Eric Simms BBC

Eric Simms

The first ‘found sound’ on the video is from a gem of a record in the BBC Wildlife Series featuring recordings of birdsong made by Eric Simms originally broadcast on the Radio 4 Countryside programme. It’s a selection of Spring choruses – ‘a busy rookery’ recorded in Sussex, 1960. In the sleeve notes Simms writes, “For me perhaps the quickest way to evoke memories of places is to listen to recordings that I have made of their background sounds”. For me when I walk the sounds of the present are mingled with sounds, voices and memories of other places.

There was a serendipitous moment when I grabbed a bit of a recording of ‘If It Wasn’t for the ‘Ouses-In-Between’ performed by John Foreman when I just happened to skip to the lines:

Oh! it really is a wery pretty garden
And Chingford to the Eastward could be seen
Wiv a ladder and some glasses
You could see to ‘Ackney Marshes
If it wasn’t for the ‘ouses in between

Which is a fairly accurate description of the view from the footbridge over the North Circular between Walthamstow and Woodford, except the song was talking about the overcrowded East End of the 1890s, harking back to some rural idyll just beyond the rooftops. Is this what draws me out into the forest?

 

Read the blog post about this walk here

Urban Ramble on Absolute Radio with Geoff Lloyd

The other week I took Geoff Lloyd for an urban ramble round Soho for his show on Absolute Radio and chatted about psychogeography, topography, old maps, and the fate of Madame Jo Jo’s.

 

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A chat with Iain Sinclair in the basement of the London Review Bookshop

Iain Sinclair was launching his latest book, 70×70 – Unlicensed Preaching: A Life Unpacked In 70 Films so I got the opportunity to interview the great London magus in the basement of the London Review Bookshop. This was the second time I’d interviewed Sinclair, the first was for my documentary, The London Perambulator in his Hackney home 6 years ago almost to the day.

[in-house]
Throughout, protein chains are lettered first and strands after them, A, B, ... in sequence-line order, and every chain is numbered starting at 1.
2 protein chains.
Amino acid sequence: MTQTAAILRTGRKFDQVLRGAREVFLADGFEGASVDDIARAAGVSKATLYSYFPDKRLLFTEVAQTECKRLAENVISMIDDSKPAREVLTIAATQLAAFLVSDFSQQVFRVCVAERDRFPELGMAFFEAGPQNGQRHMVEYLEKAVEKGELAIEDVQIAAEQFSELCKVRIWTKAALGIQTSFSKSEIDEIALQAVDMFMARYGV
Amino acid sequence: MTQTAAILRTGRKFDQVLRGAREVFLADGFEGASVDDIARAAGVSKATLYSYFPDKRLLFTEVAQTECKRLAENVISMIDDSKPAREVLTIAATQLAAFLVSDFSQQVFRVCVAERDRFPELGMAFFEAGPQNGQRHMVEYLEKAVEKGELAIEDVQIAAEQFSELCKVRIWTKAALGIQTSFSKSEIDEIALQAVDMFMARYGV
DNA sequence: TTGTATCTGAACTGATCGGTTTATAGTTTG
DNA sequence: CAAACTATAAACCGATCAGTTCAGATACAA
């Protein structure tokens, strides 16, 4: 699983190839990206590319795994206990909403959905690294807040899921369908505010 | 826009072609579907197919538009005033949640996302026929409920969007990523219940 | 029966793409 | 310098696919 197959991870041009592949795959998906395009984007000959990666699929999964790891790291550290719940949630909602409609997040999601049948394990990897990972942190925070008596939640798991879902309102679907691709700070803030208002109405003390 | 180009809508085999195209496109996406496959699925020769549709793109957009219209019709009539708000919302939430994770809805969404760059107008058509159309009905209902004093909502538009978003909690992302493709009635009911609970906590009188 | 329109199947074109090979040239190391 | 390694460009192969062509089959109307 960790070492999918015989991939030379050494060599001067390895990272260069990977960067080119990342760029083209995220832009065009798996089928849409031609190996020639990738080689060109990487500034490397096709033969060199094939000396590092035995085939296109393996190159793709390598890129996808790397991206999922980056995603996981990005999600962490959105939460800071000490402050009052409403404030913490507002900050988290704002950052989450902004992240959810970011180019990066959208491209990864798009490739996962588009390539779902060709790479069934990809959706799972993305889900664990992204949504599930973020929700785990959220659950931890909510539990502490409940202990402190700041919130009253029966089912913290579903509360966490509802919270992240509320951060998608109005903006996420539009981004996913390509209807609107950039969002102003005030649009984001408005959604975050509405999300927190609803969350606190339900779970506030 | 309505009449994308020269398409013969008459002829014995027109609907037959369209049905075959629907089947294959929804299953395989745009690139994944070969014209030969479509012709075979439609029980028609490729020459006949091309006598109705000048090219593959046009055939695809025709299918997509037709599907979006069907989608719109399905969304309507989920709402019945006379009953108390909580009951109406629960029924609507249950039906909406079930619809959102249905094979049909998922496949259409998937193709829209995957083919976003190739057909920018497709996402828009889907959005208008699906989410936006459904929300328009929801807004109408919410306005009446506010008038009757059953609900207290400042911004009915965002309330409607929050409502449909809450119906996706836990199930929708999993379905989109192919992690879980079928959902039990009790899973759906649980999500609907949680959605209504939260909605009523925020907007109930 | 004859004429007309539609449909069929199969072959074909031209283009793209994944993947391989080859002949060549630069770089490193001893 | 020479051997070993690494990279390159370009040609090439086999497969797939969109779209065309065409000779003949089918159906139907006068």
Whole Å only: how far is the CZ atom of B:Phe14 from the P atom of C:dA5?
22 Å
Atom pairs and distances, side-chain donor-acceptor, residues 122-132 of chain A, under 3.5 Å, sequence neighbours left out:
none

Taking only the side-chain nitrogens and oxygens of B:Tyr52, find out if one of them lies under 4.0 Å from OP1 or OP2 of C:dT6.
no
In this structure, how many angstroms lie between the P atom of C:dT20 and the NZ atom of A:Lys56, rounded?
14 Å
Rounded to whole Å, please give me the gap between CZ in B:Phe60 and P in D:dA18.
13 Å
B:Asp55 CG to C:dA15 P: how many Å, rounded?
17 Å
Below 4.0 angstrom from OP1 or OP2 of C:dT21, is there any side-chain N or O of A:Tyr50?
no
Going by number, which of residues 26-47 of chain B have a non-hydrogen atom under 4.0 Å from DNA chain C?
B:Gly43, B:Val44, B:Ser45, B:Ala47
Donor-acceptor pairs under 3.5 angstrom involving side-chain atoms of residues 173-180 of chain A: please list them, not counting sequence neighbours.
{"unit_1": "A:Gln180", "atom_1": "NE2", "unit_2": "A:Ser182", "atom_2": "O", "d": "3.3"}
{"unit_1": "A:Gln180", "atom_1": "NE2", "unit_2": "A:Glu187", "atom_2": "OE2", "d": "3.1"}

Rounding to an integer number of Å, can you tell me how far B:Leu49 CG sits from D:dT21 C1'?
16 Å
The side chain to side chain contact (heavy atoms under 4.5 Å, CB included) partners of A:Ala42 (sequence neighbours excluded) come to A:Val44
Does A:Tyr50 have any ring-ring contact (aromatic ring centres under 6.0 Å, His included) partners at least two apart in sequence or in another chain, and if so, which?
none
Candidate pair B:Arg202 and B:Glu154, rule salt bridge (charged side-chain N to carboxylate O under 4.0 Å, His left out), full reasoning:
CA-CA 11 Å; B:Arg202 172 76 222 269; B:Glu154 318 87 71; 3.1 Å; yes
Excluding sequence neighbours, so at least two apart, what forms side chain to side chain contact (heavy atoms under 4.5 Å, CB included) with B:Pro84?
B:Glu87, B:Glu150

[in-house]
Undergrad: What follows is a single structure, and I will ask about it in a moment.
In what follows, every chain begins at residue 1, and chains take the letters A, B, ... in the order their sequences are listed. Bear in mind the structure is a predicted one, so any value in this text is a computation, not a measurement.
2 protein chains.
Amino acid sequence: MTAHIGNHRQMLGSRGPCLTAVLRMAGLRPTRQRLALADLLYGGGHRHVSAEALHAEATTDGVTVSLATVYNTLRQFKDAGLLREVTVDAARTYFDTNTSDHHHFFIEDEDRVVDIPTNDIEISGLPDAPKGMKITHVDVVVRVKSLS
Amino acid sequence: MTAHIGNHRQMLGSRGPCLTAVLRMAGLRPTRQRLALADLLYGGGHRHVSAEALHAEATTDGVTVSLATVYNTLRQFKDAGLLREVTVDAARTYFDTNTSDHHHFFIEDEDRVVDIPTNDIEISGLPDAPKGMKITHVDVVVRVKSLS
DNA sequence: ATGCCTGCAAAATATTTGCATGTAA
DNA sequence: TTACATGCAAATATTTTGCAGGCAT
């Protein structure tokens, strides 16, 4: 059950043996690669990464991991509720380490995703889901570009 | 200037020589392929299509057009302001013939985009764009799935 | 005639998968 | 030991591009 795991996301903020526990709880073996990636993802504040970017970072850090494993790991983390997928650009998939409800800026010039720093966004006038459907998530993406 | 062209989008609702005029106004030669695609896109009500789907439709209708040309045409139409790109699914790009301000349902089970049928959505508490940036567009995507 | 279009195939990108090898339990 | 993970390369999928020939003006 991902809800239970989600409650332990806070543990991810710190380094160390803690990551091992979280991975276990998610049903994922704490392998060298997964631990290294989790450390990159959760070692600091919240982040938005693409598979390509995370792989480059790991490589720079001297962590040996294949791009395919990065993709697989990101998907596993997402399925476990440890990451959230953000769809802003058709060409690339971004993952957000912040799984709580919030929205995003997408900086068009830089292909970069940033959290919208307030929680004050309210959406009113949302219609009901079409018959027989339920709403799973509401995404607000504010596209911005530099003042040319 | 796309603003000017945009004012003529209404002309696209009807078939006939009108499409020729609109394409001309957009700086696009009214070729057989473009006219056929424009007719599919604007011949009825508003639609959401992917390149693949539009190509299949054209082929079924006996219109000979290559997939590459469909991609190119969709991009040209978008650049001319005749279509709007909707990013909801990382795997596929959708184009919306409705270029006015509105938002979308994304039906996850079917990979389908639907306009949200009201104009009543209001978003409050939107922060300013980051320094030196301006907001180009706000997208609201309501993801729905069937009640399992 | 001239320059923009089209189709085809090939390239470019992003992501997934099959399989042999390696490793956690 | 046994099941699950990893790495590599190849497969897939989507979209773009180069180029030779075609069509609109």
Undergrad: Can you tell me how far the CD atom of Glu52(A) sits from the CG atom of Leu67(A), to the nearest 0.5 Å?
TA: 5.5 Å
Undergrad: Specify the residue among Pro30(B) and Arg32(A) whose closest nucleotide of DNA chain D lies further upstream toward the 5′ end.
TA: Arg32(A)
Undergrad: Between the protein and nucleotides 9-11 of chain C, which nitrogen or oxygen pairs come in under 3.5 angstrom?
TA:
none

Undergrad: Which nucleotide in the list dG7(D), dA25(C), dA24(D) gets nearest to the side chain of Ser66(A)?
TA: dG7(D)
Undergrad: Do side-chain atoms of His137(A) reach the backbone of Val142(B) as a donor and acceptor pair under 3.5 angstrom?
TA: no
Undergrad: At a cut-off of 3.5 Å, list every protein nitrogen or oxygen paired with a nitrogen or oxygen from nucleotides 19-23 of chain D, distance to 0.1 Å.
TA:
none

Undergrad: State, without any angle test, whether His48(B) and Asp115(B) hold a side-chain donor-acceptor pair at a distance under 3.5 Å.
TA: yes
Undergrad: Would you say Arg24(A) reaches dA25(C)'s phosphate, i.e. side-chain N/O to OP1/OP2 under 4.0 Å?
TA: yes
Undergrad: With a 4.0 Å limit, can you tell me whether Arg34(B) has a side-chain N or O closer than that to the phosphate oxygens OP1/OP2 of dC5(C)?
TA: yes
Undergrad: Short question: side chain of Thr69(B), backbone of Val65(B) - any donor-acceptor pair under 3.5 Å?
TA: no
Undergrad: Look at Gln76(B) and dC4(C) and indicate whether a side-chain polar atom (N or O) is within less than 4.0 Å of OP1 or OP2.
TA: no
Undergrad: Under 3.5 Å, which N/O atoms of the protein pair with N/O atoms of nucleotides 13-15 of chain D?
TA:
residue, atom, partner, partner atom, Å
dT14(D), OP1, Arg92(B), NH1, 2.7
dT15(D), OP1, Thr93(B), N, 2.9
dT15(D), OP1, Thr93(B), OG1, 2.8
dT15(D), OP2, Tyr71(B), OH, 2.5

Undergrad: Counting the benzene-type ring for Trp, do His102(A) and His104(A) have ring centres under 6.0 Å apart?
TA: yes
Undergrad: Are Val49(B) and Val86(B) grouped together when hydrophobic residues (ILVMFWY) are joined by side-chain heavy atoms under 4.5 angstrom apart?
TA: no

On that occasion we’d talked off camera about Iain’s elusive film collaborations with Chris Petit that had been originally broadcast on Channel 4 – The Cardinal and the Corpse and The Falconer, now impossible to find on DVD or YouTube and Iain had invited me to watch them with him there and then on VHS. But I’d had to pass up this golden opportunity as the strong painkillers I was taking following knee surgery were making me dizzy and nauseous and it had been a massive effort to get through the interview without passing out on his floor.

Those Petit collaborations had eventually been screened in the 70×70 season put together by King Mob to celebrate Iain’s 70th birthday – a year of 70 films which had been mentioned in Sinclair’s books, and screened in venues both obscure and grand, some of them joining the ranks of the disappeared before the season had been completed.

The 70 x 70 book is more than just a record of this filmic dérive around London, it is a repertory cinema season on paper, the SCALA brought back to life in print; a revival of the world of wall-charts peppered with classics by Fritz Lang, Douglas Sirk, Godard, unheralded oddities, all-nighters interrupted at 4am by a punk band to keep you awake. But it is also a form of autobiography, weaving a path through Sinclair’s life and work as he discusses the background to each selection, or “an accidental novel”, as he describes it.

So we chatted not just about the book. We spoke about Iain’s early years in London as a film student and eager cineaste, the Paul Tickell film for BBC’s Late Show that captured the world of Downriver when it was still provisionally titled Vessels of Wrath. This rare 20-minute gem included memorable scenes of Sinclair reading aloud in the still semi-derelict Princelet Street Synagogue and the notorious bookdealer Driffield scavenging for rare tomes in Gravesend and Tilbury.

He discussed his collaborations with Chris Petit and Andrew Kotting. It led us to the subject of John Clare and the idea of ‘fugue’ walking, “… to do it purposefully, if that’s not a contradiction, seems quite an important way of dealing with a city that is a series of defended grids and official permeable ways that you can drift through that lead you to the next supermarket”.  Walking, Sinclair told me is “absolute”; “The silence of just moving, hearing your own footfall, listening to the city, watching the city, drinking it through your pores”.

The interview came to a natural conclusion as the camera battery ran out just after Sinclair had recounted a pavement confrontation in Hollywood with a Warren Oates lookalike. The event organiser seized their moment and moved in as went to my bag for a spare. I could have kept asking him questions all night and Iain is so amiable and tolerant you sense he’d sit there patiently answering, but upstairs Chris Petit, Gareth Evans and Susan Stenger were waiting sat before a packed audience for the 70×70 launch event.

70×70 Unlicensed Preaching: A Life Unpacked in Film is published by King Mob

This article was originally published on 3:AM magazine